The amount of a fine must not exceed $100 for each violation or a total amount of $1,000, whichever is less. The $1,000 cap is on the amount that can be charged for violations cited at one hearing. Once violations become continuing, however, meaning that they have not been cured within at least 14 days, there is no cap on the fine amount. Thereafter, the executive board may impose an additional fine for each 7-day period or portion thereof that the violation is not cured.
If a violation has been cured but occurs again, the board cannot call the violation a continuing violation because it was in fact already cured.
Can family members serve on an association’s executive board together?
A person, other than a person appointed by the declarant, may be a candidate for or member of the executive board and reside in a unit with, be married to, be domestic partners with, or be related by blood, adoption or marriage within the third degree of consanguinity or affinity to another person who is also a member of the executive board or is an officer of the association, IF the number of candidates nominated for membership on the executive board during an election period is less than or equal to the number of vacancies. At that point, if the governing documents allow, the relatives will be ‘duly elected’ onto the board. A relative of another board member currently serving cannot be appointed onto the board.
Can members of the board participate in meetings via Skype, etc.?
Unless otherwise restricted by the articles or bylaws, members of the board of directors may participate in a meeting through electronic communications, videoconferencing, teleconferencing or other available technology. Participating in a meeting pursuant to this subsection constitutes presence in person at the meeting.
When can a board take action without a meeting?
An executive board must hold meetings frequently enough to properly and efficiently address the affairs of the association. A regular meeting of the executive board must be held at least once every quarter, and not less than once every 100 days, with unit owners being noticed not less than 10 days prior to the meeting. The agenda must reflect any actions that can be taken.
If an occurrence arises that: could not have been reasonably foreseen, affects the health, welfare and safety of residents, requires immediate action by the board, and makes it impracticable to provide sufficient notice and agenda, an emergency meeting can be held.
If any matter affecting the community cannot wait to be discussed at the next regularly scheduled board meeting, but does not meet the criteria for an “emergency” as stated above, a special meeting can be called by the president or majority of the executive board, with notice and agenda requirements remaining the same as for a regular meeting.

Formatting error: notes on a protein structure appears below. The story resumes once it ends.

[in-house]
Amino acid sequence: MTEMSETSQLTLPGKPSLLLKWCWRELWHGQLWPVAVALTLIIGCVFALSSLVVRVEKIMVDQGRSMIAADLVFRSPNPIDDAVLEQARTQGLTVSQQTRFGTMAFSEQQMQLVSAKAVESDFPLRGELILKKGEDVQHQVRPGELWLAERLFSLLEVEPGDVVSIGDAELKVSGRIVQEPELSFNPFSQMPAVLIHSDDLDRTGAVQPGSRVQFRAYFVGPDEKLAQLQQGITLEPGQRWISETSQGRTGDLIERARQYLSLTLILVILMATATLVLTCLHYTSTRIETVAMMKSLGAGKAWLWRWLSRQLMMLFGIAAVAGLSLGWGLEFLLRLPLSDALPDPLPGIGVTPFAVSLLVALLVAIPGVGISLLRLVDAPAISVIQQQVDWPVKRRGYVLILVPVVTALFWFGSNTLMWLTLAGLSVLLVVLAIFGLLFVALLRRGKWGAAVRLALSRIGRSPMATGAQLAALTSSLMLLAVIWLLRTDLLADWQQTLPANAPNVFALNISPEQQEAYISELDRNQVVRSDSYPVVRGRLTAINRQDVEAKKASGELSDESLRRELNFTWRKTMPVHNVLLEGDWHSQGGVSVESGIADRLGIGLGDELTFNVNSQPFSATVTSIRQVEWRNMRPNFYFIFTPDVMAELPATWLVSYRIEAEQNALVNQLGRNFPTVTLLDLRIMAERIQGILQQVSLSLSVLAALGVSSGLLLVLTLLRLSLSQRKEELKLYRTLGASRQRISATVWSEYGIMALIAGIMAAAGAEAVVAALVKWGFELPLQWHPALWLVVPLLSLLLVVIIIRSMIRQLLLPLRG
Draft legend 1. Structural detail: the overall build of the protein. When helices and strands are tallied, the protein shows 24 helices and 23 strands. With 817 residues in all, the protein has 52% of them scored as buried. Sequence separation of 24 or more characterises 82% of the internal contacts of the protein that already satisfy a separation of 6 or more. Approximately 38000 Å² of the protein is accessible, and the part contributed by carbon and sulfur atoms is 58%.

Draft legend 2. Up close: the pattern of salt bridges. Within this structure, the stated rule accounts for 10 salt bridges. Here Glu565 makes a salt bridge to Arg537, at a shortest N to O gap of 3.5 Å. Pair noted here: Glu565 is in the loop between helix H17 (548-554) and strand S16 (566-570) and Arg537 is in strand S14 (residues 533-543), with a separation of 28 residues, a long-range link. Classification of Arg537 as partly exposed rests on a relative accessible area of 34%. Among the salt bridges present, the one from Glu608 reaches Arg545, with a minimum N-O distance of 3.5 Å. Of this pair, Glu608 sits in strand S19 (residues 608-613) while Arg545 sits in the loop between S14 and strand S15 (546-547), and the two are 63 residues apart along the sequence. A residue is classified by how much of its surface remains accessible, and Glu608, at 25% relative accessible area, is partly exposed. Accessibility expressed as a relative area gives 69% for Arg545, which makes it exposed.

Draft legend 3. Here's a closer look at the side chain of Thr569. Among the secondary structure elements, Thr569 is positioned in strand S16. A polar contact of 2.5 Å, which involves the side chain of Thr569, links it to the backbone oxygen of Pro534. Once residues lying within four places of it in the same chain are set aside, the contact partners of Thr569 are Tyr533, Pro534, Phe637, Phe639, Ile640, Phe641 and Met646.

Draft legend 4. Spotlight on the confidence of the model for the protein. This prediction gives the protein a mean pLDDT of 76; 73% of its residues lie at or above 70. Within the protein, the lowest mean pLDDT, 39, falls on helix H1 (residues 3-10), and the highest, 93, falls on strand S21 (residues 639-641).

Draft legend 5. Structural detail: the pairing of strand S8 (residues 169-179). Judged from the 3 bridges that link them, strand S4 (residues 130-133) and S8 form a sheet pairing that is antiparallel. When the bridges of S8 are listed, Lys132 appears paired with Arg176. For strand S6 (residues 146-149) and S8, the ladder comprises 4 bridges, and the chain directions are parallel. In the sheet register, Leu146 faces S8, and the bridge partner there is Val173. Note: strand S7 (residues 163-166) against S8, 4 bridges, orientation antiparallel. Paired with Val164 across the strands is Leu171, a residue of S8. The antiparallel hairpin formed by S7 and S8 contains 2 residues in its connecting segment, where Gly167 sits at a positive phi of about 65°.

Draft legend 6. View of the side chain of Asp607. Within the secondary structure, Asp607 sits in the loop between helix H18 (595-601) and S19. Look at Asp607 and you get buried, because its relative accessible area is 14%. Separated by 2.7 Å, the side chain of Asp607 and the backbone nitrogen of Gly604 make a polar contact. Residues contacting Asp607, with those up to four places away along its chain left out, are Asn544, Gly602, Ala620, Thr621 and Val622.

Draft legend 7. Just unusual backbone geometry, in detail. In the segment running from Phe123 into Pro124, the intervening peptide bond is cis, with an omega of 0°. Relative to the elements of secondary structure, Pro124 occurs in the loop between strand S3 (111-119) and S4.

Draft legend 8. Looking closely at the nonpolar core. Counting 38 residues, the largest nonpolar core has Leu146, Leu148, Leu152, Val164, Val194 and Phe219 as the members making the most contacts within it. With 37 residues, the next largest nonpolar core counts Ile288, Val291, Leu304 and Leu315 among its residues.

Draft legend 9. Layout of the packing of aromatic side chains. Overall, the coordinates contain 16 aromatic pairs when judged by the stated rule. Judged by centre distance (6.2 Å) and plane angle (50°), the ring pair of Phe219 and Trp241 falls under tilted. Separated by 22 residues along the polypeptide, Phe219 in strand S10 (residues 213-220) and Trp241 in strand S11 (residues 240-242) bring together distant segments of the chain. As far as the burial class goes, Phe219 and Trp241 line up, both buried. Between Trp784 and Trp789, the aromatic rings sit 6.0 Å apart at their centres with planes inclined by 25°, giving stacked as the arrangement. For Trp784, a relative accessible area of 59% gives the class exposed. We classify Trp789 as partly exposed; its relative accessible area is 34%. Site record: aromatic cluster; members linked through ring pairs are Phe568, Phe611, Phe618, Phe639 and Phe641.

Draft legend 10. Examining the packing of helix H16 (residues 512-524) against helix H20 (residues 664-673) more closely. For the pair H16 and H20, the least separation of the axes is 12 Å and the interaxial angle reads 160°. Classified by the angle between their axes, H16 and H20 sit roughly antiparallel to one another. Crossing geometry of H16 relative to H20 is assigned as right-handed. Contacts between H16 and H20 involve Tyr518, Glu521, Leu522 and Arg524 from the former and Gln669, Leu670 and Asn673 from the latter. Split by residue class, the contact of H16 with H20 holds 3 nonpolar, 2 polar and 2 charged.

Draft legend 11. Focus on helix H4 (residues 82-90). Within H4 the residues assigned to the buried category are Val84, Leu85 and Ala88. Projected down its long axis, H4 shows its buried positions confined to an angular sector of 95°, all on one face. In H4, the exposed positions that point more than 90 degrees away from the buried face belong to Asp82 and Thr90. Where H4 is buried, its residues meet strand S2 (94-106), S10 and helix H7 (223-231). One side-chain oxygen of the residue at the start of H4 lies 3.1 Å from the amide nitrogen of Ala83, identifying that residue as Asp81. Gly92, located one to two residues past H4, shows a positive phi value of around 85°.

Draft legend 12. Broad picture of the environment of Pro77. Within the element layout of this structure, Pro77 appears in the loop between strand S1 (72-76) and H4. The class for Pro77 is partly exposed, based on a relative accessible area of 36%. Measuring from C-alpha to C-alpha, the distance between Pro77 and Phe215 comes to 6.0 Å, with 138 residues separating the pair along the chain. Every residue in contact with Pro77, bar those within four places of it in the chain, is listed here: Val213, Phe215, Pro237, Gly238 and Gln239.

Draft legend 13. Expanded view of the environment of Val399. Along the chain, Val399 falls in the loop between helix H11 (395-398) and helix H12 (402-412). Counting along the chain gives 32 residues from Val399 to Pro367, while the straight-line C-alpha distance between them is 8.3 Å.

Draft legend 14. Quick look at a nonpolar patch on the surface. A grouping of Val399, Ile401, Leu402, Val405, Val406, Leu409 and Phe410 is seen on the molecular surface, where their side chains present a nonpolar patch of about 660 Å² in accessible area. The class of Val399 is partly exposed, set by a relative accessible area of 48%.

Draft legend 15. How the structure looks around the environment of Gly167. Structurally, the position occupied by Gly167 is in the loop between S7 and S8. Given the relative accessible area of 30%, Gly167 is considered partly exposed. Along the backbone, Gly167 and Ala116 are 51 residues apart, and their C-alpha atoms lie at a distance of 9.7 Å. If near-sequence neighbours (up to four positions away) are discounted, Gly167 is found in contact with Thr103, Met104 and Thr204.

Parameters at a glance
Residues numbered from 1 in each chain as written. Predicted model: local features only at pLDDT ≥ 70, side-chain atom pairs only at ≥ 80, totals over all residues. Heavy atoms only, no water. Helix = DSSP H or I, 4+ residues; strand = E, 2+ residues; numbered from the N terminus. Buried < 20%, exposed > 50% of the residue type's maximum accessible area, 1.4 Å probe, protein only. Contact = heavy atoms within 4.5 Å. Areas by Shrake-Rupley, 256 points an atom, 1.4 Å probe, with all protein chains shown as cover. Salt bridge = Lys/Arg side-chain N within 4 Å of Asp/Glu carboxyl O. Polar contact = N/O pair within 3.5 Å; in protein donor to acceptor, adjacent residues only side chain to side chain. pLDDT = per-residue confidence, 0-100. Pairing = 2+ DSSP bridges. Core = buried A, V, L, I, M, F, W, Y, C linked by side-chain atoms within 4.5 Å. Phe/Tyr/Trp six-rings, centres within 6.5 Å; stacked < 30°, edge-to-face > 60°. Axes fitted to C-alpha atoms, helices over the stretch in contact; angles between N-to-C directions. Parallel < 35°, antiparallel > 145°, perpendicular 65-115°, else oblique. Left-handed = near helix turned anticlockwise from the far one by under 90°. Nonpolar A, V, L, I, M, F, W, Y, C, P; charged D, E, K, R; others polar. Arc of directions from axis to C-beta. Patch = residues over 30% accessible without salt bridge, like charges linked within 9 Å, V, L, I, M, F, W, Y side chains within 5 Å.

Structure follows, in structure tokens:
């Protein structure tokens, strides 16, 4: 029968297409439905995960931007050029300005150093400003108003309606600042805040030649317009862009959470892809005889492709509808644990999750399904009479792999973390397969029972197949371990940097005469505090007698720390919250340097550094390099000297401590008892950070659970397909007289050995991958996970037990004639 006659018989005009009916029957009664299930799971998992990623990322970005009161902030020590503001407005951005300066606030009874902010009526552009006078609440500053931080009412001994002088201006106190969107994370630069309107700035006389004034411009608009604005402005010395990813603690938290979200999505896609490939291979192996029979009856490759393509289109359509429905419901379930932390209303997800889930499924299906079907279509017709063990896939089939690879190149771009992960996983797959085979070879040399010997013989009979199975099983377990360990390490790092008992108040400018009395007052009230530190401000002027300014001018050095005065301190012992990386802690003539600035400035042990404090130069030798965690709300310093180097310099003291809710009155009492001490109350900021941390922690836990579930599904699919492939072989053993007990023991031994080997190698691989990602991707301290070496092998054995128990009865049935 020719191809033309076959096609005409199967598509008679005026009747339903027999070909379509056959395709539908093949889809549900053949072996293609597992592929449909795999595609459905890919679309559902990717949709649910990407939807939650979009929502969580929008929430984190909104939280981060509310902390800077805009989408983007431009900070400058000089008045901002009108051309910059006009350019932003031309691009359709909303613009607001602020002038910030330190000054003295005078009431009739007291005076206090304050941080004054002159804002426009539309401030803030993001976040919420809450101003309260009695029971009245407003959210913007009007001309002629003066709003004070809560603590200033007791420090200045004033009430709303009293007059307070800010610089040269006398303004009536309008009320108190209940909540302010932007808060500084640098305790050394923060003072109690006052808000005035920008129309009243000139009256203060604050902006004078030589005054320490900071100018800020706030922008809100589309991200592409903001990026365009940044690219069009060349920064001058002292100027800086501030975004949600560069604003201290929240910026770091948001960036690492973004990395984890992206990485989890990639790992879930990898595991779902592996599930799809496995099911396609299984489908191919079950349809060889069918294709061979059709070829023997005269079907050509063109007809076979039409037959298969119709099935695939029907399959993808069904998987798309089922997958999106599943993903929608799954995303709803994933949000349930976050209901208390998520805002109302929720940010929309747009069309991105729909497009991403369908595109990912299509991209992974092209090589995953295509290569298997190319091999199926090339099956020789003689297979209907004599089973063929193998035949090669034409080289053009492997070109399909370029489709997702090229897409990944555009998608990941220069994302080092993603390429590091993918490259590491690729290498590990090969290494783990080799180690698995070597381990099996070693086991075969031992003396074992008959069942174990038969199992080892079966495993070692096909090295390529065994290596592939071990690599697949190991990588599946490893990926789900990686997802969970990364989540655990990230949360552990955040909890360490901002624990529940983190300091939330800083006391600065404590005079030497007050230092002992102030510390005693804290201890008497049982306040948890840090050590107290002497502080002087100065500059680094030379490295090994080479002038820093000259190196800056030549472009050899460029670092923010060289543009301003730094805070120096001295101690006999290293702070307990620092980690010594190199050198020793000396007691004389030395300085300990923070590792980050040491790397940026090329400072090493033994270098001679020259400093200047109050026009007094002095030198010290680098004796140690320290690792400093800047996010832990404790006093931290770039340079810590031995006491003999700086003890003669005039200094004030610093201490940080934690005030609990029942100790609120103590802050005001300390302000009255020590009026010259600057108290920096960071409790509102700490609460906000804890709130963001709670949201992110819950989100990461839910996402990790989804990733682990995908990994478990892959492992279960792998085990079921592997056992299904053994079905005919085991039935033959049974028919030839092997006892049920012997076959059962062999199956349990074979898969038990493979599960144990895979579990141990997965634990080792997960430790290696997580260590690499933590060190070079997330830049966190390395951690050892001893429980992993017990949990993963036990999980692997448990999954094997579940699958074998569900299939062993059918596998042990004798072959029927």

Action can be taken without a meeting under NRS 82.271 subject to the association’s governing documents. Written consent in lieu of a meeting must be signed and kept in the records of the association. The board should disclose to unit owners any action taken by written consent at its next regular meeting. The Division discourages repeated use of action by consent in lieu of a meeting, but when necessary, this action can be used to conduct day to day business such as calling a service provider to immediately correct an issue.
Can I, as a unit owner, ask to see who else has been receiving violation notices in my community?
The executive board of an association shall maintain and allow a unit owner to review, upon written request, a general record concerning each violation of the governing documents, other than a violation involving failure to pay an assessment. The general record must contain a general description of the nature of the violation and the type of sanction imposed. If the sanction imposed was a fine or construction penalty, the general record must specify the amount. This record must not contain the name or address of the person against whom the sanction was imposed or any other personal information which may be used to identify the person or location of the unit associated with the violation.
What can the board discuss in executive session?
An executive board may not meet in executive session to open or consider bids for an association project, or to enter into, renew, modify, terminate or take any other action regarding a contract.
An executive board may meet in executive session ONLY to: